Animals are not ours to eat, wear, experiment on, use for entertainment, or abuse in any other way.

5 Easy Tricks for Caring for Your Cats and Dogs

Loving your animal companion is easy. Cuddle time and afternoon naps are a given! But caring for them? That’s a different story. Lovable as they are, animals have needs, just like us, and they require a time commitment! The next time you find yourself removing furballs from the couch, accidently stepping on dog food strewn across the kitchen floor, or trying to make your animals comfy, consider these quick and easy tips for caring for your companion.

Doggie Bowl Messes

Slurping water and crunching down dinner is a sloppy affair for pups. To keep things clean, slip a place mat under your furry friends’ food and water bowls. When they make messes, all you have to do is lift the bowl and carry the mess to the trash on the place mat.

Hair on Your Clothes

A lint roller can remove just about any soft, fuzzy thing clinging to your shirt, pants, or coat. But if you don’t have one handy, roll a piece of masking tape into a loop, sticky side out. Slip your hand into the loop, and pat yourself down. Presto, the fur is gone!

Hot Kitties

When it’s super-hot outside, cool your cats down by rubbing them gently with a damp washcloth. A word to the wise: Don’t drip water on them! They are not fans of that.

Stale Food

Animals don’t like stale food any more than you do, and they can tell when you’ve reached the bottom of the bag or can. To keep food fresh, store it in an airtight container like Tupperware. It’ll taste better to them and last longer, too.

Fur on the Couch

You can tell an animal guardian by the hair on his or her couch. Animals love to leave behind little forget-me-nots in the form of fur. To remove the hair quickly, use a shower squeegee. Hair will cling to the rubber panel along its edge, and then you can swipe it into the garbage.

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Try these simple tricks and animal care will become second nature in no time. Plus, with any luck, you’ll get extra cuddles from your animals. Have any other tips to share with fellow animal lovers? Let us know in the comments section!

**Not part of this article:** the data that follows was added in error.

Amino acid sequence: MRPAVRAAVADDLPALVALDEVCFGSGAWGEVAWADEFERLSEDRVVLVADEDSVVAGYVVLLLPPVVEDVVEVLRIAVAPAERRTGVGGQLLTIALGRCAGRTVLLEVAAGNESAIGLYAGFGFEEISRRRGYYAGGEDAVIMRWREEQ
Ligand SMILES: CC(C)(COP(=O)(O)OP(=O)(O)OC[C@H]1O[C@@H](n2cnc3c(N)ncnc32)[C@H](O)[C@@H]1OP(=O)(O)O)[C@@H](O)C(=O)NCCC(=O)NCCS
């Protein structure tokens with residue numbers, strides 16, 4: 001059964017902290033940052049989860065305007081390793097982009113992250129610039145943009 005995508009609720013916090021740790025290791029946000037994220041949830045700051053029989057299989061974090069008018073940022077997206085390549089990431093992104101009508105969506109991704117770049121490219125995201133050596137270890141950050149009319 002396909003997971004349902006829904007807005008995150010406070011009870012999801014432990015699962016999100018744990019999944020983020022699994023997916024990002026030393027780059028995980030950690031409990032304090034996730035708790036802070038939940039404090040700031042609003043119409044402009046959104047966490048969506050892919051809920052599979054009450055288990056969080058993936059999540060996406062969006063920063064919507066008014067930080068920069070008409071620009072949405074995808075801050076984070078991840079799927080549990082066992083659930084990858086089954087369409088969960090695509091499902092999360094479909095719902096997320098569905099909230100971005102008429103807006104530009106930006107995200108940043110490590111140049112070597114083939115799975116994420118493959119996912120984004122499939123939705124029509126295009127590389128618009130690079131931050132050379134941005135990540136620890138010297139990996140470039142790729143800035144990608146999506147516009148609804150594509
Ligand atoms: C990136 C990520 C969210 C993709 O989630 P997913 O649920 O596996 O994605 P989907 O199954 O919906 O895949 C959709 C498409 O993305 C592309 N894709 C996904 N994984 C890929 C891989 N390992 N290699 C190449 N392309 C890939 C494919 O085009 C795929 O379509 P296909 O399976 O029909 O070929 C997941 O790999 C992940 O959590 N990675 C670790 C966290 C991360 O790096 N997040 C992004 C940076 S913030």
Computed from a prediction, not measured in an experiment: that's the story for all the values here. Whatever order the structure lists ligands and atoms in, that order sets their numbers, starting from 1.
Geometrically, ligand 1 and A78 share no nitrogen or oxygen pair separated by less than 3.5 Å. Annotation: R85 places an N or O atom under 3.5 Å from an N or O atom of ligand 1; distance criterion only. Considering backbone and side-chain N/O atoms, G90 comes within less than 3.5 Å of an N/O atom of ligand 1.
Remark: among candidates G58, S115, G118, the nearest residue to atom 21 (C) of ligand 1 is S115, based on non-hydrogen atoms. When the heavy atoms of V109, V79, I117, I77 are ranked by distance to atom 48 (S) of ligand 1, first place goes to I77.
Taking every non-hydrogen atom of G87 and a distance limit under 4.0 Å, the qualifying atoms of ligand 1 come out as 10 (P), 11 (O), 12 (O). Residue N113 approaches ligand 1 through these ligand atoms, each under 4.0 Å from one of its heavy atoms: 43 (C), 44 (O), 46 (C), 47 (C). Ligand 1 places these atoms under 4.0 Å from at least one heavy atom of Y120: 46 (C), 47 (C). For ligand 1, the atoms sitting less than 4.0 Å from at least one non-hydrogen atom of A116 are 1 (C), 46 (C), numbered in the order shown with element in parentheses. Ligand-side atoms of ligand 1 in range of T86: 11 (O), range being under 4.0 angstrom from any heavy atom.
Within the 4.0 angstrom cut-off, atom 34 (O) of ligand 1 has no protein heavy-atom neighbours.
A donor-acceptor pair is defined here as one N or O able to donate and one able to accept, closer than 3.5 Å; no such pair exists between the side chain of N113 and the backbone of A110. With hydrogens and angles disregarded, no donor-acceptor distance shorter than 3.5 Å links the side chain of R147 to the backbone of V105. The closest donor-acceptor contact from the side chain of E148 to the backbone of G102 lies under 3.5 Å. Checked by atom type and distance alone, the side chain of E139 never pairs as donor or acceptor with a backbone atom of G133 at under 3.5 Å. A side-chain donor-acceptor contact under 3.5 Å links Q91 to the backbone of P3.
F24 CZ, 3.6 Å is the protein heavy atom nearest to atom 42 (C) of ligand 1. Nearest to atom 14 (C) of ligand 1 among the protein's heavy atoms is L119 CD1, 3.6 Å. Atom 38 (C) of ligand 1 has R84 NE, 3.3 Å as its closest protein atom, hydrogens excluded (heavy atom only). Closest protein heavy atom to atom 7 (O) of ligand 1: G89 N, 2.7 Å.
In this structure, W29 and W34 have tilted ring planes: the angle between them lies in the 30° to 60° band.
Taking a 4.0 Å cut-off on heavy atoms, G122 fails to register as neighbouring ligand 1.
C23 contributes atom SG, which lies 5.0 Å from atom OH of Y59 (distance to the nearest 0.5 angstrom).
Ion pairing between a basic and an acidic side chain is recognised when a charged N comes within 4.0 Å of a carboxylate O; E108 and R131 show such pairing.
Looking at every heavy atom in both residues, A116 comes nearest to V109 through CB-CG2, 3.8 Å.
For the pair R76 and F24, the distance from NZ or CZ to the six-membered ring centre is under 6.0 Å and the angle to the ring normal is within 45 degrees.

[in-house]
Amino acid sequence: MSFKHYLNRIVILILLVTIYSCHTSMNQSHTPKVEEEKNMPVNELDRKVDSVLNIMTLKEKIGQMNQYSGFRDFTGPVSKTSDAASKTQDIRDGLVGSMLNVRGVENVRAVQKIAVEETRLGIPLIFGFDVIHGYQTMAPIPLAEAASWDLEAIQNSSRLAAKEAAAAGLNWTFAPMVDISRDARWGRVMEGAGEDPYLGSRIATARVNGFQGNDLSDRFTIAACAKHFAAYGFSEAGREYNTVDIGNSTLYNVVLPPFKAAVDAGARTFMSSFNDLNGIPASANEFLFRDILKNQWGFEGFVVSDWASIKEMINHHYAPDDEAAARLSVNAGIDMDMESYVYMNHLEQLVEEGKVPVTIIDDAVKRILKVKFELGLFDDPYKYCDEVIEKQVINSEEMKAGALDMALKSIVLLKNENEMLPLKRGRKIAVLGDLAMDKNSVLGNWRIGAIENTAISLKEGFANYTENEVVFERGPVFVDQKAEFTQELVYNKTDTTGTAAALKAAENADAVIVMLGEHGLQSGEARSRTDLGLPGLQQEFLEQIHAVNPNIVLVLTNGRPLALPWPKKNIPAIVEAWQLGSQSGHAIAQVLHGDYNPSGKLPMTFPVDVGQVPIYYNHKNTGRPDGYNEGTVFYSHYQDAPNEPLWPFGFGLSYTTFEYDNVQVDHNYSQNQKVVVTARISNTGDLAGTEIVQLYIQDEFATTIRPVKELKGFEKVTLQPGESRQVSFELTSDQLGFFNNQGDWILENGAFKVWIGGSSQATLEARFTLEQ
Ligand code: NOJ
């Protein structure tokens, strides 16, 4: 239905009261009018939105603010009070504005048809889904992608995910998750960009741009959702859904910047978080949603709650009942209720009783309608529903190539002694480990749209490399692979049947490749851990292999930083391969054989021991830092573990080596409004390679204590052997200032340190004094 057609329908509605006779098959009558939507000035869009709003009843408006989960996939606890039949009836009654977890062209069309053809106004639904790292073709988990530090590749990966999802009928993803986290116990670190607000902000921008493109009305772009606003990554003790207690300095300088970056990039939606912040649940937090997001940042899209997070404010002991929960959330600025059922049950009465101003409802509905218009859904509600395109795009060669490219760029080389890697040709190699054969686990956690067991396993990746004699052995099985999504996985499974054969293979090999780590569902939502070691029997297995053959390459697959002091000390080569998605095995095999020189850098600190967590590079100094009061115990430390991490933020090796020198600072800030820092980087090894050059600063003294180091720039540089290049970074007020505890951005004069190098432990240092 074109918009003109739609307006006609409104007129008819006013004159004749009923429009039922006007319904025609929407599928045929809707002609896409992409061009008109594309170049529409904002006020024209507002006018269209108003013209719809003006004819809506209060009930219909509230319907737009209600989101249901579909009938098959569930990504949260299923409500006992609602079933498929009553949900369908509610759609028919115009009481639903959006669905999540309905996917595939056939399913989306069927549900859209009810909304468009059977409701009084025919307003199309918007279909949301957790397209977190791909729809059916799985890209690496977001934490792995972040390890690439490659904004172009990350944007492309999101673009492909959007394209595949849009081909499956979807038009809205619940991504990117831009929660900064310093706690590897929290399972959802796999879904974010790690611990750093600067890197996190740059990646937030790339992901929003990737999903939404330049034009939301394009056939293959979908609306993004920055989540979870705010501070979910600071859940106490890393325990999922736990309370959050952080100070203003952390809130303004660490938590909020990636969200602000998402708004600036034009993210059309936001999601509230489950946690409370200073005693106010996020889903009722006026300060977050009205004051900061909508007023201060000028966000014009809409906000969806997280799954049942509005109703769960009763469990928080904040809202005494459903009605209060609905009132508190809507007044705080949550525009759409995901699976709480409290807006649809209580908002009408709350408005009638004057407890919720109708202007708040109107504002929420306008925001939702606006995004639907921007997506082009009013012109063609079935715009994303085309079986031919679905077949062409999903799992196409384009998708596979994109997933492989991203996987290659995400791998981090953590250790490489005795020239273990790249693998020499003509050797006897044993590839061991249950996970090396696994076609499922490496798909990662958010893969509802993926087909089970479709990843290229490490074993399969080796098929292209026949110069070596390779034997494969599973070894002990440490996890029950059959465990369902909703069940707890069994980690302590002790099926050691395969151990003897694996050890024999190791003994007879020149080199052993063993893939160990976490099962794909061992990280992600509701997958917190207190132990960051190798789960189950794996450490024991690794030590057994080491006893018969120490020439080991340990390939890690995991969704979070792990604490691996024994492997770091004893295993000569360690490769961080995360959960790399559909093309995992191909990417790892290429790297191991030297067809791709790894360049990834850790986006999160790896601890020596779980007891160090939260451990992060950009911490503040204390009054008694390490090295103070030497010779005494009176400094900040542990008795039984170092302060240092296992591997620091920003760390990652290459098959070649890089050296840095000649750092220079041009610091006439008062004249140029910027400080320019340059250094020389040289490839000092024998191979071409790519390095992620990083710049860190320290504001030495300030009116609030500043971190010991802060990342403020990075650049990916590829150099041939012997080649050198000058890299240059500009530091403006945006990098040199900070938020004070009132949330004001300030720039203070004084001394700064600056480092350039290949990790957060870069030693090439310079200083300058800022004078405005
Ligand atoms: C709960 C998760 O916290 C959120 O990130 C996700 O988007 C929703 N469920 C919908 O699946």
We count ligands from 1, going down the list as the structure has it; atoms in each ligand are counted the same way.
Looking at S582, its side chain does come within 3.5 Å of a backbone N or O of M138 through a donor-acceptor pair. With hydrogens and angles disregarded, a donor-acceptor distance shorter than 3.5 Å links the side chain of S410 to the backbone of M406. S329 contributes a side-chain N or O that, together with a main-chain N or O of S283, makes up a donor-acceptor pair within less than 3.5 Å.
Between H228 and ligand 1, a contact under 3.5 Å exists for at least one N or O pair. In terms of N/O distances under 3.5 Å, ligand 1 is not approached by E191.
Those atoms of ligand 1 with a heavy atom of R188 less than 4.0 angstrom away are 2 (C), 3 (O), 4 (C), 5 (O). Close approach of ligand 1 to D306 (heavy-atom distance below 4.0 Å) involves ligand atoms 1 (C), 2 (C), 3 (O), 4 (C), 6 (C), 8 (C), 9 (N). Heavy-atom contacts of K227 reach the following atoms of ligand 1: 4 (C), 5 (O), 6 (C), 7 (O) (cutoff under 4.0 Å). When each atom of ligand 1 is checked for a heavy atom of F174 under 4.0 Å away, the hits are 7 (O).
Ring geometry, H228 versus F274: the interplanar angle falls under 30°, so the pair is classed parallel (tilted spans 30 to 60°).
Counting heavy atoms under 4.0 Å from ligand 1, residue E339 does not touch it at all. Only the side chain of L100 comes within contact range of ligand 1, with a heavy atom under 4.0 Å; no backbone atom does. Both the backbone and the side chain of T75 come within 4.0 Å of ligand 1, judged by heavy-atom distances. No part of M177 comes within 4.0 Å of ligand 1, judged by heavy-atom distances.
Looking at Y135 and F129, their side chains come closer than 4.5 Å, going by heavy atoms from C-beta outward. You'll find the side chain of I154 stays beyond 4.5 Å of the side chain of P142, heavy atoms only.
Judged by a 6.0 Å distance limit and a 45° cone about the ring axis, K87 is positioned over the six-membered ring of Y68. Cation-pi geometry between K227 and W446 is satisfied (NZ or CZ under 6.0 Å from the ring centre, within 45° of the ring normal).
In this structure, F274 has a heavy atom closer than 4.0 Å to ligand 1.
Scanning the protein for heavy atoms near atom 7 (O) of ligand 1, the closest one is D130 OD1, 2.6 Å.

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  • Ms. Bambina says:

    I have heard people calling out the cruelty of owning cats and dogs. The way I see it, cats and dogs have been raised for thousands upon thousands of years as domestic pets. They do not last long in the wild, and in the wild they breed to unsustainable numbers. They are better off in homes that love and care for them. Don’t think of it as enslavement, think of the relationship as mutualism or symbiotic. In return for their companionship, them saving our lives (it happens), and their overall general awesomeness, we give them a home. I have had tons of cats and dogs over the years, and believe me, those cats and dogs had plenty of opportunities to run away. But they don’t, because they love us.

  • Catherine says:

    Hi all! I can’t help but react to a few comments I just read
    @Harley : it’s been almost 20 days since you posted, so I hope you’ve already found useful resources on the internet. If not, it’s not that hard to deal with claws :) First, never play with your bare hand! Instead use cat toys, crinkled papers balls that you throw, wood branches, etc. I even used an oven mitten with my kittens. The kitten needs to understand that it hurts when his claws puncture your skin; if he gets rough and hurts you, stop playing and ignore him for a while (minutes, not days of course!) Eventually he will understand. If the problem is claws on the furniture, just put a scratching board or post in front of the furniture. It works! My couch is safe now that I do that. Cheers and a happy life to all (the cat, your friend and yourself :)
    @linda botbyl : leather? Really? And you proudly post THAT on the Peta website?… :(
    @PenRithStar : I understand your point of view, but I beg to differ. Cats and dogs nowadays are so intimately linked to human lives that they’d be too fragile to live on their own; they’re not wild animals anymore because thousand years of domestication made them evolve into pets. And if I could post a picture here, I’d show you my 2 cats, both rescued from the street, and you’d see why I really don’t think I’ve “enslaved” them. But I must confess that they’ve enslaved me! But a willing slave is it really a slave?

  • PenRithStar says:

    Parts of PETA like this really sicken me, i don’t see how you can think it’s humane to enslave a dog or cat when they’re animals just like all the other animals.

  • Harley says:

    Can anyone help me with a kitty scratching problem? My friend just rescued a stray, and he is an adorable kitten, but doesn’t realize how sharp his claws are. My friend will NOT dewclaw his cat… (I made sure of that!) Any suggestions?

  • dawn1450 says:

    my 14 yr old best friend~husky/afghan mix,Celia, is the world’s worst eater. Always has been, but age has made it worse. i cook everything under the sun for her. my point is, when i do give her canned dog food, i warm it up a little in the microwave. it letms the aroma come out way better~more enticing. works great for aged or poor eating cats too.

  • linda botbyl says:

    I have 18 cats and they “are allowed” on our furniture only because my hubby and i only buy leather. If a cat up-chucks a hairball it wipes off easily and any residual fur left behind can simply be blown away or swiped off easily cause nothing sticks to leather like it does to material couches.

  • chander kumar soni says:

    so useful tips.

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